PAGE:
Strategic planning to reduce the burden of stroke among veterans: using simulation modeling to inform decision making.
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BACKGROUND AND PURPOSE: Reducing the burden of stroke is a priority for the Veterans Affairs Health System, reflected by the creation of the Veterans Affairs Stroke Quality Enhancement Research Initiative. To inform the initiative's strategic planning, we estimated the relative population-level impact and efficiency of distinct approaches to improving stroke care in the US Veteran population to inform policy and practice. METHODS: A System Dynamics stroke model of the Veteran population was constructed to evaluate the relative impact of 15 intervention scenarios including both broad and targeted primary and secondary prevention and acute care/rehabilitation on cumulative (20 years) outcomes including quality-adjusted life years (QALYs) gained, strokes prevented, stroke fatalities prevented, and the number-needed-to-treat per QALY gained. RESULTS: At the population level, a broad hypertension control effort yielded the largest increase in QALYs (35,517), followed by targeted prevention addressing hypertension and anticoagulation among Veterans with prior cardiovascular disease (27,856) and hypertension control among diabetics (23,100). Adjusting QALYs gained by the number of Veterans needed to treat, thrombolytic therapy with tissue-type plasminogen activator was most efficient, needing 3.1 Veterans to be treated per QALY gained. This was followed by rehabilitation (3.9) and targeted prevention addressing hypertension and anticoagulation among those with prior cardiovascular disease (5.1). Probabilistic sensitivity analysis showed that the ranking of interventions was robust to uncertainty in input parameter values. CONCLUSIONS: Prevention strategies tend to have larger population impacts, though interventions targeting specific high-risk groups tend to be more efficient in terms of number-needed-to-treat per QALY gained.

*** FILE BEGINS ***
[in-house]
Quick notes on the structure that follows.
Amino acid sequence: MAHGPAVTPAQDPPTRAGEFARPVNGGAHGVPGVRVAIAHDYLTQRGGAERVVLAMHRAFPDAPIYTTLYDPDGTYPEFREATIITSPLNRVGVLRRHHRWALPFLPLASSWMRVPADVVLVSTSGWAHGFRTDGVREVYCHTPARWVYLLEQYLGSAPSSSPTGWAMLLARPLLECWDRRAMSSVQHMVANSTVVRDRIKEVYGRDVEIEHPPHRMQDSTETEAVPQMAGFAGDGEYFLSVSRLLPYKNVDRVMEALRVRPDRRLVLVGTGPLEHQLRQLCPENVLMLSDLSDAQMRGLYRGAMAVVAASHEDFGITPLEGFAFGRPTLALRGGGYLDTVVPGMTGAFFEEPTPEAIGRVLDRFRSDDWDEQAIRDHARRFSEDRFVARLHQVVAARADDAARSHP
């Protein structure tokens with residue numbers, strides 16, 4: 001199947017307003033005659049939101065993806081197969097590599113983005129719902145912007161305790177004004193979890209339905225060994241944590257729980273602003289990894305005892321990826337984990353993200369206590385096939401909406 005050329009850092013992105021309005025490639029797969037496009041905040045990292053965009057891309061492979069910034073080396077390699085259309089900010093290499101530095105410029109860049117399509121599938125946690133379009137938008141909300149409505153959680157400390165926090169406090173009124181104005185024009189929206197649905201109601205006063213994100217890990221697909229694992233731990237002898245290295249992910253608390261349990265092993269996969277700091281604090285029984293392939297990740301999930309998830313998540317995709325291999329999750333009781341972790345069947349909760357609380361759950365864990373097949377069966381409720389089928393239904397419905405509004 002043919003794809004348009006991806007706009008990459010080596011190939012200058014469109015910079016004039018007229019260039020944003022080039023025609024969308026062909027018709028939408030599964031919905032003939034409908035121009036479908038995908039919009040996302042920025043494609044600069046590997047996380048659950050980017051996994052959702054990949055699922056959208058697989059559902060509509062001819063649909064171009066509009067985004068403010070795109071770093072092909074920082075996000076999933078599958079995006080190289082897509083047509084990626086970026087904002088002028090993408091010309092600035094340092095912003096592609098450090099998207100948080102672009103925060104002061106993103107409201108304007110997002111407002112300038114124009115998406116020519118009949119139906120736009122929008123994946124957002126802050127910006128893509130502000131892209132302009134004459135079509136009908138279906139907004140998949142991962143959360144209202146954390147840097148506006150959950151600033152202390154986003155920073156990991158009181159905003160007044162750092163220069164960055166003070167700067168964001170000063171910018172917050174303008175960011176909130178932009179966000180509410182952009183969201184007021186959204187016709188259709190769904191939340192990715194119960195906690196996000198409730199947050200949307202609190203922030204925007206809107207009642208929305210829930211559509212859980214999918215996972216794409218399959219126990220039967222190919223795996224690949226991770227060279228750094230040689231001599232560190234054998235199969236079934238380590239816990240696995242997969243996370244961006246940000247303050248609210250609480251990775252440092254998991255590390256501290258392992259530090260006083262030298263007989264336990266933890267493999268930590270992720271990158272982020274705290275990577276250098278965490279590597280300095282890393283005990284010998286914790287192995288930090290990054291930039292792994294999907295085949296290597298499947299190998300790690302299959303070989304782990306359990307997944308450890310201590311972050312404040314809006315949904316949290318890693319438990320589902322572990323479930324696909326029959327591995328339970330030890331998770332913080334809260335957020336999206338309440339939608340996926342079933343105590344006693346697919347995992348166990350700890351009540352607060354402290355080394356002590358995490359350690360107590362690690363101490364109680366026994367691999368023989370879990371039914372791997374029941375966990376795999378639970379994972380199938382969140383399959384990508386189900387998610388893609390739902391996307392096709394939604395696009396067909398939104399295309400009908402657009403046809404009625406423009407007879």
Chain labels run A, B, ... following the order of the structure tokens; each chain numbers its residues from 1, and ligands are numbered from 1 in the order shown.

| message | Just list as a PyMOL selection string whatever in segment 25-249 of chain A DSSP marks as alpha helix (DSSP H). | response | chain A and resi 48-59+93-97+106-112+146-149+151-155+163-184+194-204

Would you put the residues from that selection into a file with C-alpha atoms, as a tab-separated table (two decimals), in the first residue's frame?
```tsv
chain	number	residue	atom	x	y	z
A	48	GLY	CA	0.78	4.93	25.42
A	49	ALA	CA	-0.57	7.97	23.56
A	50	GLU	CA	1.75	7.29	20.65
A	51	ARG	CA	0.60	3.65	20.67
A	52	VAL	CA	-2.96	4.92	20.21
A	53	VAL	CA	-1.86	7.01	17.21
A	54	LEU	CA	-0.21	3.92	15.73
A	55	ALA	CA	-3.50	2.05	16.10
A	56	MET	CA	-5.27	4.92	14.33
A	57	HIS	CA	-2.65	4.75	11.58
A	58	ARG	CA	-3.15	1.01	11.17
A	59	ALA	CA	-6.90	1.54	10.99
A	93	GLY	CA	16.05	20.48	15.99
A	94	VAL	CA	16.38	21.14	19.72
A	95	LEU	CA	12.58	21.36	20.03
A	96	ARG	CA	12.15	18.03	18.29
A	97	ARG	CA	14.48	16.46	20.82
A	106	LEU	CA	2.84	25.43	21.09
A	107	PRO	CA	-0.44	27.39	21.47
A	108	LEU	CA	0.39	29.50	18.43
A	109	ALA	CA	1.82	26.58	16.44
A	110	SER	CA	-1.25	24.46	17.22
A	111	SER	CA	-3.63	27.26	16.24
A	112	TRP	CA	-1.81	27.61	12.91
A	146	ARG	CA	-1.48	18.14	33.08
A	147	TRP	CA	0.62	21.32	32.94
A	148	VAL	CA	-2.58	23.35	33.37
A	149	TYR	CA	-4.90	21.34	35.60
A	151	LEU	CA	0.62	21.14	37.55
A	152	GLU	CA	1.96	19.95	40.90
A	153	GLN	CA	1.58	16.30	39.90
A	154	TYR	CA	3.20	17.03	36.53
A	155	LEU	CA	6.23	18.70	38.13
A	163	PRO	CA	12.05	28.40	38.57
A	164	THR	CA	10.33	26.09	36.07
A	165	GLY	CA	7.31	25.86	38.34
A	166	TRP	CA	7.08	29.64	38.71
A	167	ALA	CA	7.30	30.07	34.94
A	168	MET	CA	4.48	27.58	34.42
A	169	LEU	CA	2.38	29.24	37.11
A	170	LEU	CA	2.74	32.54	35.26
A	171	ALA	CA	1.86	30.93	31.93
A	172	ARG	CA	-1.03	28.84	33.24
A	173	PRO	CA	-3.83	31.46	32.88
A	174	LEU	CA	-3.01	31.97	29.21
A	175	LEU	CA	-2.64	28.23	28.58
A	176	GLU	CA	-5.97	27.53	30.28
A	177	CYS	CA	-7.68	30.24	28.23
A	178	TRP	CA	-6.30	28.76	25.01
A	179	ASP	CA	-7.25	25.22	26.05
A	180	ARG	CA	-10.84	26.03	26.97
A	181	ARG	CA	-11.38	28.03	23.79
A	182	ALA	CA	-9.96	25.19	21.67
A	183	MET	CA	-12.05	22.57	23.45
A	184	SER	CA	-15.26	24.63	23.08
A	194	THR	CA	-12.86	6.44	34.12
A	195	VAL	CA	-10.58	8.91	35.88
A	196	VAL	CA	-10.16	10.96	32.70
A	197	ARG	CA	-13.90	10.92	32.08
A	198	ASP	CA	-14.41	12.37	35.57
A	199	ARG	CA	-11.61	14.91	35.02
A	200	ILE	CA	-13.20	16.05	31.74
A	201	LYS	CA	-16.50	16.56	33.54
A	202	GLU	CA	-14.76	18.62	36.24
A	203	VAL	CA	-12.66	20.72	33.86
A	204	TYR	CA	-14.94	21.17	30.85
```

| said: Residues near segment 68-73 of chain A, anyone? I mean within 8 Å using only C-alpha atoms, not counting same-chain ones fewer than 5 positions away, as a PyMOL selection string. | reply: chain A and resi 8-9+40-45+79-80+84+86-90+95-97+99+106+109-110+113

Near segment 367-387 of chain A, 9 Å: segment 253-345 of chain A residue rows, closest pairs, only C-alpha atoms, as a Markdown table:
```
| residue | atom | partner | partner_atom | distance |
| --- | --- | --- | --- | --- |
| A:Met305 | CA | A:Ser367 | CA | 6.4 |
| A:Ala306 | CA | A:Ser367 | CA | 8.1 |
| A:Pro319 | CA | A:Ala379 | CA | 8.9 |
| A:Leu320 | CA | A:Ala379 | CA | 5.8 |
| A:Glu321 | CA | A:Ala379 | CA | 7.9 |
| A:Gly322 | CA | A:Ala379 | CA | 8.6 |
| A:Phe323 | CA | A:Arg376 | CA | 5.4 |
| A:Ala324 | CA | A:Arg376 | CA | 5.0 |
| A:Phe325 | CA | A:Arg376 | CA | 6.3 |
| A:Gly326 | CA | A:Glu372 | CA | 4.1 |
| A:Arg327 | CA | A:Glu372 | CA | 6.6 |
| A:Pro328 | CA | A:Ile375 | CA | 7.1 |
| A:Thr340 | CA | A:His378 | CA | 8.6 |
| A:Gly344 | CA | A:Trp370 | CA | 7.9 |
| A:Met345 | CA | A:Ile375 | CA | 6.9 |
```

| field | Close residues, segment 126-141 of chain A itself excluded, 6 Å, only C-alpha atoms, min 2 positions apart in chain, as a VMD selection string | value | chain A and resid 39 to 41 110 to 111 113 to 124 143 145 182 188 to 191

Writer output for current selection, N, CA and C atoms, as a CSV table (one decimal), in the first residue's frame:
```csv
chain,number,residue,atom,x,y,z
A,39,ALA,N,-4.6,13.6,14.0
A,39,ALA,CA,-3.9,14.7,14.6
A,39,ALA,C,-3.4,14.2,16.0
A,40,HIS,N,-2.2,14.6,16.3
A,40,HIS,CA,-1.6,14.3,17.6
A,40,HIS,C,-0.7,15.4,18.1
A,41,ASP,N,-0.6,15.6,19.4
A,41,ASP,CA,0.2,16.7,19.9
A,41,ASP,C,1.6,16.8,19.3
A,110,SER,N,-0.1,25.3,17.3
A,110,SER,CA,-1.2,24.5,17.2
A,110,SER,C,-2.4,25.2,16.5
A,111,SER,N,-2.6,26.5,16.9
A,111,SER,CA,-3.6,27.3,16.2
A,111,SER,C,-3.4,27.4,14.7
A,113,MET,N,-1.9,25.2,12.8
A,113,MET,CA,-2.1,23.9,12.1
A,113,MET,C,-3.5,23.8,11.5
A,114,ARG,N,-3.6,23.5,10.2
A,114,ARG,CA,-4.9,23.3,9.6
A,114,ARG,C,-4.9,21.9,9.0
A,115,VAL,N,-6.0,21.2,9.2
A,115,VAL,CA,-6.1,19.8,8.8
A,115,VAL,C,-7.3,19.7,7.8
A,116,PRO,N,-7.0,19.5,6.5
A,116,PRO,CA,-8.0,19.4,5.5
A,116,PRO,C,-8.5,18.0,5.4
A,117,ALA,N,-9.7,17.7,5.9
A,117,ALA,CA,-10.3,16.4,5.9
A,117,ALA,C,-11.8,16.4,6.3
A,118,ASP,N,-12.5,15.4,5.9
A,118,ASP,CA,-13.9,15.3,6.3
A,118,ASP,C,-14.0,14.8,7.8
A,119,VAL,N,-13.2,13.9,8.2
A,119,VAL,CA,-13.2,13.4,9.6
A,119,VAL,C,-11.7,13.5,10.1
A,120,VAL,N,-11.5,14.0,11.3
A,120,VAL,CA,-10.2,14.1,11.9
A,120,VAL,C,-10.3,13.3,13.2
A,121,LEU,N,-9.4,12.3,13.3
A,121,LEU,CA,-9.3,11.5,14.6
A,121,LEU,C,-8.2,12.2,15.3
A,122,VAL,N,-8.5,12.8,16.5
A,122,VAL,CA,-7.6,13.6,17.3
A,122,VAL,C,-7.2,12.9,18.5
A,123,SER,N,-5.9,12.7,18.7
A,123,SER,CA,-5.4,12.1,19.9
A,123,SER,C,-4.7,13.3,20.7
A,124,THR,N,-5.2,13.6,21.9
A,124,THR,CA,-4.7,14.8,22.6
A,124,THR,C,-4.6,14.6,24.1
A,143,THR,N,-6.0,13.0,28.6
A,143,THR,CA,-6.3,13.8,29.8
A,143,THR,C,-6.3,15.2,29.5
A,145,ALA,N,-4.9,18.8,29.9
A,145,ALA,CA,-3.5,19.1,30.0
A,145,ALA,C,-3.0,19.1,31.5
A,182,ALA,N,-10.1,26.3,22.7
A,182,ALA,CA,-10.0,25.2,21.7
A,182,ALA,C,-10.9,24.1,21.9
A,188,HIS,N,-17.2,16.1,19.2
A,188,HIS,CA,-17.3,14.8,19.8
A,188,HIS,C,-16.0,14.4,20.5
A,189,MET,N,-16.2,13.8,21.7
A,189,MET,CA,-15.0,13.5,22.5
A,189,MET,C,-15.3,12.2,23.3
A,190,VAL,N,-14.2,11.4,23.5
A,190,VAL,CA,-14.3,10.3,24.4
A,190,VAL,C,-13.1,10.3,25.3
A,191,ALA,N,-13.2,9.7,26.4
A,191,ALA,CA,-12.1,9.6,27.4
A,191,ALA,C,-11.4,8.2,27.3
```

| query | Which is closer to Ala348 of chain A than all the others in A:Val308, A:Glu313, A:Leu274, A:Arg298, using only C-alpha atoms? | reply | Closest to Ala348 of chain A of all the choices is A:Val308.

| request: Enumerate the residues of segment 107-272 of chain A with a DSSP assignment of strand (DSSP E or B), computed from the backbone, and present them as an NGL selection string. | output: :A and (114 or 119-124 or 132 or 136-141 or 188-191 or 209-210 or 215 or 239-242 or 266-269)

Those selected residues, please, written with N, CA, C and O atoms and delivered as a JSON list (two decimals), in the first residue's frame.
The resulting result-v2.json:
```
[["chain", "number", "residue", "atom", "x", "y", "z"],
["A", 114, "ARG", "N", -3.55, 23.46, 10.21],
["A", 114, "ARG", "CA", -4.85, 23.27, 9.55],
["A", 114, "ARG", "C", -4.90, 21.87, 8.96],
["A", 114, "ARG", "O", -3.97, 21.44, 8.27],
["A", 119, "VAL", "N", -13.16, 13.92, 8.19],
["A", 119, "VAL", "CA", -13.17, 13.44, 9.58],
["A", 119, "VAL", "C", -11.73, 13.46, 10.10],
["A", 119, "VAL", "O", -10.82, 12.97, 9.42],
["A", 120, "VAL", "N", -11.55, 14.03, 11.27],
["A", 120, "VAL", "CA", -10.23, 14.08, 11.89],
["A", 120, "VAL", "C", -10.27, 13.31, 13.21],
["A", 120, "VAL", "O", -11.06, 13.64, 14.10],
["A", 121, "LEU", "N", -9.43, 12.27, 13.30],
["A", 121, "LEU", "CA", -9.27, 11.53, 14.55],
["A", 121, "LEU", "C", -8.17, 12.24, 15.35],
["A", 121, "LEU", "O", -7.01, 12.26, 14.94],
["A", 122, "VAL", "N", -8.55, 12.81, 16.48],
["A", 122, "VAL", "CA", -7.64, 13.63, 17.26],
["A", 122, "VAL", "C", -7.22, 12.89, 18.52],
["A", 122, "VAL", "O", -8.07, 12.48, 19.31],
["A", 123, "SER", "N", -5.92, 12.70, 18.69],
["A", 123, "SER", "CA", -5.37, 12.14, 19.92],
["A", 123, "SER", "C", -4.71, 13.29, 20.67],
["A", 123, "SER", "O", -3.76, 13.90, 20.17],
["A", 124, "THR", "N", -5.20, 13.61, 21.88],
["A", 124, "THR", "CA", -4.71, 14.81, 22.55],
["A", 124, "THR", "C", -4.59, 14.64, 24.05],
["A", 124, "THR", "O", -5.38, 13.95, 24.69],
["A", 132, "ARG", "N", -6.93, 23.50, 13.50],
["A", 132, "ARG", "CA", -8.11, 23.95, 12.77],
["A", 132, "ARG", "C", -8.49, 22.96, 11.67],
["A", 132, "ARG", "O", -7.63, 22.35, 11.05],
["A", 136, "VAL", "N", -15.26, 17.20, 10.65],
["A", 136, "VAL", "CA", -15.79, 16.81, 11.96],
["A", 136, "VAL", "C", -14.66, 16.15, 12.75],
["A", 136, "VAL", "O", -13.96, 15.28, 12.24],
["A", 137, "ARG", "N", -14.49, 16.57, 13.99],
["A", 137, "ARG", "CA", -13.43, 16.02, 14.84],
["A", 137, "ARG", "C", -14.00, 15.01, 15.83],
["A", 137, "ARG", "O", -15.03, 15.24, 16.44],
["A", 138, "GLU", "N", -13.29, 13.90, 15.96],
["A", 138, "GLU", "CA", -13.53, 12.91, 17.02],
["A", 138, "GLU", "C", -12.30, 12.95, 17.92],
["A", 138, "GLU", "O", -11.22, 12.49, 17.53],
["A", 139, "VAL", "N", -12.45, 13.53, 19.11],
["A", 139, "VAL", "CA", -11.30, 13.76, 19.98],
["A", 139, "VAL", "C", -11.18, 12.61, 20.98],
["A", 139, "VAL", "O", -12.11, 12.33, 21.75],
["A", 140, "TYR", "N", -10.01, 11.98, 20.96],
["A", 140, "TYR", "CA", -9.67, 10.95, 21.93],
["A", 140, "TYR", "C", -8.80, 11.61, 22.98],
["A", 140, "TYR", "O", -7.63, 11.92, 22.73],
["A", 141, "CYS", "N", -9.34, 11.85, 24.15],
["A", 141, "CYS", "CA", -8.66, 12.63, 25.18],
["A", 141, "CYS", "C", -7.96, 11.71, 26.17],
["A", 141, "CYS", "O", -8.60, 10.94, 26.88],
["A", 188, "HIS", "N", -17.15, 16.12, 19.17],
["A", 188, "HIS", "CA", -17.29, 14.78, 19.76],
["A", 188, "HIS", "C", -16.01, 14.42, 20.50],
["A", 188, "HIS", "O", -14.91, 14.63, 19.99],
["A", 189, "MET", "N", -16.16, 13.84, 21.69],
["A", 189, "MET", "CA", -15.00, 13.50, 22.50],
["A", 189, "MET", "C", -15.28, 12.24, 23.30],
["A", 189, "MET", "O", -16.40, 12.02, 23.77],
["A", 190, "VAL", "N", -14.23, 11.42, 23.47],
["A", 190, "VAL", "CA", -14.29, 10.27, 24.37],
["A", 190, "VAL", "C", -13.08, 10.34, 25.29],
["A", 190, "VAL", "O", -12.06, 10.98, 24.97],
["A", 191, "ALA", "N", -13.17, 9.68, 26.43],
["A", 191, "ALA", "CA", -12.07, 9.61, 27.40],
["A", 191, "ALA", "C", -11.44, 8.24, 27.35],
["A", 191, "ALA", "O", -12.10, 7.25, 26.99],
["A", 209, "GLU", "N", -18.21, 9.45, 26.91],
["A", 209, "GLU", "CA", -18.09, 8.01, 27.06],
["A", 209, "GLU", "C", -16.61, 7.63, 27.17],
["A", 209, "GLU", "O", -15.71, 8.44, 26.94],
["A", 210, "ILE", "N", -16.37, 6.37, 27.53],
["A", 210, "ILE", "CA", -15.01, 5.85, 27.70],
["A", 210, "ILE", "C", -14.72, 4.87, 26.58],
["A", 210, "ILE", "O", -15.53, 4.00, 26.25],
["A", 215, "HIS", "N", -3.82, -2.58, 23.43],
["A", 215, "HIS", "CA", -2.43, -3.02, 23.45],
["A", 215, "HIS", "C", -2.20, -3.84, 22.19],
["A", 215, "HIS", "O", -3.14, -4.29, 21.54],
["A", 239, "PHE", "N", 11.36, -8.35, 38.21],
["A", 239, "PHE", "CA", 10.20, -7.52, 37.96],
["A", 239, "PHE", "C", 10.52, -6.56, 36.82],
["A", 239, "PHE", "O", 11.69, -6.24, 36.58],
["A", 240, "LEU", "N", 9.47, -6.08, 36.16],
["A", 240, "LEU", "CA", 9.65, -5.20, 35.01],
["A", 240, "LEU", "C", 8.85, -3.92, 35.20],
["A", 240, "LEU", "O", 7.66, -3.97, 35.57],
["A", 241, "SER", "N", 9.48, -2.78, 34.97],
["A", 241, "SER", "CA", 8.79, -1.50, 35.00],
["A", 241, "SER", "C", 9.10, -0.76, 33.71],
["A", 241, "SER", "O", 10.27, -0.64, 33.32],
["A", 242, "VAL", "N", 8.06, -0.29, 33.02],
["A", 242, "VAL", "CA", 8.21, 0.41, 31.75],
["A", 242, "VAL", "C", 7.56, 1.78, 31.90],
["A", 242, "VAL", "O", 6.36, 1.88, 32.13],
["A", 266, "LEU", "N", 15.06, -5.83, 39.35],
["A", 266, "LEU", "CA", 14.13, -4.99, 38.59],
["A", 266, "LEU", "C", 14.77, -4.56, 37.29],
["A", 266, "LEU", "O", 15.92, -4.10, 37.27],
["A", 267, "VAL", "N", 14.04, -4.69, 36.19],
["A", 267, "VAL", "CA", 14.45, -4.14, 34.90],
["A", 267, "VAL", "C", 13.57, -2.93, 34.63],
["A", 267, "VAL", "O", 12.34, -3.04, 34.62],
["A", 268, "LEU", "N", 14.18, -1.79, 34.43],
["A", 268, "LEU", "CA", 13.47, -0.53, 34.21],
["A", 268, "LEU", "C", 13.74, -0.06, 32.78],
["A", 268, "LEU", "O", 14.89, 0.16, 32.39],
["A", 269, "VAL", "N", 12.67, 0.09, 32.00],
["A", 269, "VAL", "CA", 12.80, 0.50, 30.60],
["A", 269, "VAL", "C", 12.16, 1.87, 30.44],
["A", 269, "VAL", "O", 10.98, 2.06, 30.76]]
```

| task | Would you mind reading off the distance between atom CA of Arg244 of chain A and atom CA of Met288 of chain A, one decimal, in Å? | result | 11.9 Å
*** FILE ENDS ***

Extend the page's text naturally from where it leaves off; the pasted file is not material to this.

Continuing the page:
comparative effectiveness research
Cost of Illness
Quality-Adjusted Life Years
Sensitivity and Specificity
United States Department of Veterans Affairs
Published Version (Please cite this version)10.1161/STROKEAHA.114.004694
Publication InfoBeadles, Christopher A; Bosworth, Hayden Barry; Bravata, DM; Cheng, EM; Homer, JB; Lich, KH; ... Williams, LS (2014). Strategic planning to reduce the burden of stroke among veterans: using simulation modeling to inform decision making. Stroke, 45(7). pp. 2078-2084. 10.1161/STROKEAHA.114.004694. Retrieved from https://hdl.handle.net/10161/13105.
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Professor in Population Health Sciences
Dr. Bosworth is a health services research and Associate Director of the Center for Health Services Research in Primary Care at the Durham VA Medical Center. He is also a Professor of Medicine, Psychiatry, and Nursing at Duke University Medical Center and Adjunct Professor in Health Policy and Administration at the School of Public Health at the University of North Carolina at Chapel Hill. His research interests comprise three overarching areas of research: 1) clinical research that provides
Professor of Medicine
My research relates to clinical practice improvement - from the development of clinical policies to their implementation in real world clinical settings. Most recently my major content focus has been cerebrovascular disease. Other major clinical areas in which I work include the range of disabling neurological conditions, cardiovascular disease, and cancer prevention. Notable features of my work are: (1) reliance on analytic strategies such as meta-analysis, simulation, decision analy
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